Play Theories and Play Patterns – OT / NBCOT® Study Guide

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Study Guide

  • Play is considered to be the child’s most important occupation.
  • It allows the child to explore and interact with others, objects and the environment.
  • Play promotes growth and development.
  • Play allows the child to experience sensory, motor, cognitive, social skills within their culture.
  • Other contexts that play take place in include physical and social context.

Play Themes

  • Play is fun.
  • Play can be free from rules.
  • Play involves free choice and is intrinsically motivating.
  • Play involves participation but can be sedentary.
  • Play is focused on the process rather than any outcome.

Many types of play begin at birth.

Functional play

  • Cause and effect toys

Social play

  • Socialist Mildred Parten
  • Begins early as the infant interacts with their parents.

Gross and fine motor play

  • Also known as physical play.

Cognitive play

  • Acting on an object and understanding how it works.

Sensory play

  • Taking in the senses.
  • Also known as sensory organization or regulatory play.

Piaget

  • Known for stages of cognitive development.
  • Helped organize and understand play into developmental stages.
  • Some of the patterns of play coincide with these developmental stages.

Birth to 1 year

Exploratory Play

  • Infant explores the world around them.

Sensorimotor Play

  • Think sensory.
  • Infant plays by exploring sights, sounds, touch, and being held.
  • Similar to sensory play (or sensory regulatory play).

1-2 years old

Relational Play

  • Using an object for what is used for, or its relationship.
  • Example: giving a teddy bear something to drink.
  • To distinguish from functional play, which is more cause-effect, relational play is more abstract.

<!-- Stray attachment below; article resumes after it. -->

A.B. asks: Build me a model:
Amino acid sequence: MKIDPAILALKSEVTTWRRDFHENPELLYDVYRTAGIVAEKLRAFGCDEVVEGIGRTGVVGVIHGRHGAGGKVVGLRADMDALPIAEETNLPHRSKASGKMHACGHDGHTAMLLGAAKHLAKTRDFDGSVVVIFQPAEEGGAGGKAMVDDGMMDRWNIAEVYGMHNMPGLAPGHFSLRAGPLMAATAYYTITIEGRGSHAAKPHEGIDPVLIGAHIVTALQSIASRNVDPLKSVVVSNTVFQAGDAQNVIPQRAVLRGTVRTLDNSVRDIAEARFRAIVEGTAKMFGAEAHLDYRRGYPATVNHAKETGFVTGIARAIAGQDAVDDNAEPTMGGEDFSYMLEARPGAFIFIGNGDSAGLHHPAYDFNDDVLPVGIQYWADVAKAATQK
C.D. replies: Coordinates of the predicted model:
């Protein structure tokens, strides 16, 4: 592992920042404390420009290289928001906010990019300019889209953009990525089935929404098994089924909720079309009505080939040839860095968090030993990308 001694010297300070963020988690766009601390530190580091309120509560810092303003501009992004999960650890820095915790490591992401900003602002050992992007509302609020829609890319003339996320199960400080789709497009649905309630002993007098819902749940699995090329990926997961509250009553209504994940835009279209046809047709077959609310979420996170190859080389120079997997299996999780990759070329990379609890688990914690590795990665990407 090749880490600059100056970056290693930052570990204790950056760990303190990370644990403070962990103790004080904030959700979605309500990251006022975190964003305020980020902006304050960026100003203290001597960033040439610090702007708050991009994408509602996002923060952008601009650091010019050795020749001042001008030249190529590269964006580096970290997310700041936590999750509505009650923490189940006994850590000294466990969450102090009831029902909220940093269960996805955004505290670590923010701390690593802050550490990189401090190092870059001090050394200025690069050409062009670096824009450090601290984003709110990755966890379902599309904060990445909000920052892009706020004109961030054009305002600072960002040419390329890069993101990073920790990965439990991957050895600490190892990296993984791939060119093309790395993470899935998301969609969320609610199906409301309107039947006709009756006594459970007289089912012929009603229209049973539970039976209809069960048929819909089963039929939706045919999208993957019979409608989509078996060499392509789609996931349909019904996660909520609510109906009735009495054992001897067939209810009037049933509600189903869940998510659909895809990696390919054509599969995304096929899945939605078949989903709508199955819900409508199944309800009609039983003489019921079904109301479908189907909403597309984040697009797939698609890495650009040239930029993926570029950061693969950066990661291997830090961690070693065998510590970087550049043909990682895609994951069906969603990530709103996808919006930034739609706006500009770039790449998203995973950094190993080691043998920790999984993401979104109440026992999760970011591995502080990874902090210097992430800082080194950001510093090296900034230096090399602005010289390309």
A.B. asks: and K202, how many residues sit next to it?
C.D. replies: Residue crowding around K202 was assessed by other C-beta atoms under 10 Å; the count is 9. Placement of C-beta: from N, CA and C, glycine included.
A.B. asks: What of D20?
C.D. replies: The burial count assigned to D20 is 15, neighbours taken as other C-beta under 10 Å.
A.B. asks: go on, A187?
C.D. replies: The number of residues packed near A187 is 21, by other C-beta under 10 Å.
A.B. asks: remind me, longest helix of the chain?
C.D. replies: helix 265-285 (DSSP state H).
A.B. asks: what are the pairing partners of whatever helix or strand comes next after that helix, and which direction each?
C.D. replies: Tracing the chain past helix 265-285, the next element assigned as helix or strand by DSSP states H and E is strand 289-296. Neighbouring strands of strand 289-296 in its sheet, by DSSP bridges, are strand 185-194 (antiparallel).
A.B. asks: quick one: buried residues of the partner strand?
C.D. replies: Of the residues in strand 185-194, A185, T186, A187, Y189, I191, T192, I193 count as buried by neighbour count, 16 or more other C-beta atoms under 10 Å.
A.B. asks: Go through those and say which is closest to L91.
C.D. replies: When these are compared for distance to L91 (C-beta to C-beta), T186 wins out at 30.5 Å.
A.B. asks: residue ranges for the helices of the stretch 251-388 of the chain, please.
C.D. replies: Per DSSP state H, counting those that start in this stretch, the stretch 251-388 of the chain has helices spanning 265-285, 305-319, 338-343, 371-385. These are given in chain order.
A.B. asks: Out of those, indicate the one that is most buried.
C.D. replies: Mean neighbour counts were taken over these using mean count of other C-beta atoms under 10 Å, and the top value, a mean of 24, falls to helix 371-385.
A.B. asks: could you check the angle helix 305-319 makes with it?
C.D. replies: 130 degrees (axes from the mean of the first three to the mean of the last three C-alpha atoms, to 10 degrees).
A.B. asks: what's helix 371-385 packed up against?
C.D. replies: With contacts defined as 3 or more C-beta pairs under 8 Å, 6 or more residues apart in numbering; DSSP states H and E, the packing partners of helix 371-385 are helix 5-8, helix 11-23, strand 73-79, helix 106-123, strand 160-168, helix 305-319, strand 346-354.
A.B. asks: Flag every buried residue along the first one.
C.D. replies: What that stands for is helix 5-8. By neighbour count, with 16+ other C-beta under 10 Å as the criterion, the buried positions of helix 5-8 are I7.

Pretend / Symbolic play

  • Pretend play is a form of symbolic play.
  • Begins to use objects or other things for their imagination.
  • Role-playing is another form of pretend or symbolic play, e.g., tea parties or dress-up.

2-3 years

  • Primarily symbolic or imaginary
  • Continue to participate in imaginary play

Constructive play

  • Build and “construct” things
  • Example: legos

Rough and tumble play

  • Play-fighting
  • Wrestling
  • Does not have rules.

3-5 years

  • Begins games with simple rules.
  • Examples: checkers, Candyland.

5-7 years

  • Begins to participate more in sports and social activities.

7+ years

  • Begins to further develop their interests in play.

Social Play Stages

Another way to categorize play is to think about socialization and how it changes with age. Social play patterns build on each other and prepare for the next stage, even if it does not seem like the child may be doing much in terms of playing.

Birth

Unoccupied play

  • Occurs in infants from birth to three months.
  • Example: infant’s random movements such as with their arms and legs.

2 years

Solitary play (Independent play)

  • Child plays alone.
  • Child learns to entertain themself.

2.5 years

Onlooker play

  • Seeing what others are doing around them.
  • Do not actively participate in the action.
  • Attention is focused on the play activity.

3 years

Parallel Play

  • Children play comfortably next to each other.
  • May share materials and converse.

Associative Play

  • Similar to parallel play.
  • Child still play separately from another.
  • Involved with what each other are doing.
  • Example: building their own sandcastles, but they may be talking and engaging (associating) with each other.
  • No cooperation.

4 years

Cooperative (Social Play)

  • Children truly start playing with each other.
  • Requires social interaction and cooperation.
  • May include agreed-upon roles and rules.
  • Examples: puzzles, board games.

5 years

  • Cooperative or social play continues.
  • Sports and recreational activities.

7 years+

  • Continues cooperative play as they develop their interests.